Post the jailbreak by eight SIMI undertrials, the Madhya Pradesh government will review its jail manual and incorporate recommendations to plug loopholes in all the 122 jails in the state that house over 38,000 inmates.
In Madhya Pradesh, jails were established under the Prisons Act, 1894, and the Prisoners Act, 1900 and are governed by the Madhya Pradesh Prisons Rules, 1968. The Model Prison Manual introduced by the central government in 2003 was partially adapted in the state in 2008. According to official documents, more than 200 amendments have been made in the jail manual through Gazette notifications from time to time.
On Friday, HT carried a report whether the “outdated” 118-year-old Prisons Act was responsible for security lapses, as the 1894-enacted law bars guards from carrying arms inside the jail.
Director general (jail) Sanjay Chaudhary said the changes in the jail manual was a policy matter and it would take some time to review and amend it by the state government. The review will look into the possible loopholes in the manual, which need to be plugged, he said.
Madhya Pradesh has the second highest number of 38,458 jail inmates in the country, preceded by Uttar Pradesh (88,747), according to Prison Statistics India-2015.
Jails in the state are battling several issues ranging from overcrowding to lack of upgraded technology and surveillance systems. The state stood second in prisoner occupancy rate with 140 prisoners staying in jails against authorized capacity for 100 inmates, according to the National Crime Records Bureau (NCRB) data.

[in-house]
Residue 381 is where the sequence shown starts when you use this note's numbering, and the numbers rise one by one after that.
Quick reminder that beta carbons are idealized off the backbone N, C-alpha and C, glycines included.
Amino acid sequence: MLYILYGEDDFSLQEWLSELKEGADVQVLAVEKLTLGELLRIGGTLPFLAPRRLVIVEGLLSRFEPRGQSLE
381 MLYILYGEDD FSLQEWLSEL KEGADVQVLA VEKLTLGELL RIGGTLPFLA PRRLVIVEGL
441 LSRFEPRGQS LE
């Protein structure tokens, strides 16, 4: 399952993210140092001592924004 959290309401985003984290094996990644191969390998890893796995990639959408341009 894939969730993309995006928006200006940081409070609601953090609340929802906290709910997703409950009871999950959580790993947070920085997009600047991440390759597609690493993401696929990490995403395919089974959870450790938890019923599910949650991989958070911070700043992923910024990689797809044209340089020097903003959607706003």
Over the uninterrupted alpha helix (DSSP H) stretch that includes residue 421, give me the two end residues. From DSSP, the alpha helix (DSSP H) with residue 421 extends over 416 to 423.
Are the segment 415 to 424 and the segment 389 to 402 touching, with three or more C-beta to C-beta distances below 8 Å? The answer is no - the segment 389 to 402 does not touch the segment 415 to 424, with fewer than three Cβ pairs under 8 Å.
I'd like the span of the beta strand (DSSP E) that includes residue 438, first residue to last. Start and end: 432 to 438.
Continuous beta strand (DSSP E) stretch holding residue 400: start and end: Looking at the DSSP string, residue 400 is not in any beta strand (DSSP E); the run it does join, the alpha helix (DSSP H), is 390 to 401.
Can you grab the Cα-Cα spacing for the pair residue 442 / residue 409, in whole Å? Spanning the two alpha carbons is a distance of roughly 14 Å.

A performance audit on management of jails in MP between 2007 and 2012 found shortages of weapons and modern security equipment in district jails and subjails.
“Ninety-sic prisoners escaped from the jails in 91 instances in the state during 2007-12. Cases of possession of prohibited articles with the prisoners in the jails were also noticed in nine test checked jails,” the audit report said.
Chaudhary said a four-member committee headed by additional DG (jail) Sudhir Shahi will audit security at central jails and submit its recommendations within two months.
Former DIG (law) RS Vijayvargiya said one of the main changes that should be brought into the jail manual is a separate high-security jail for militants and SIMI operatives. “Such a high-security jail separately should have electric fencing, more watch towers, high-tech surveillance and armed guards inside the jail and so on,” he said.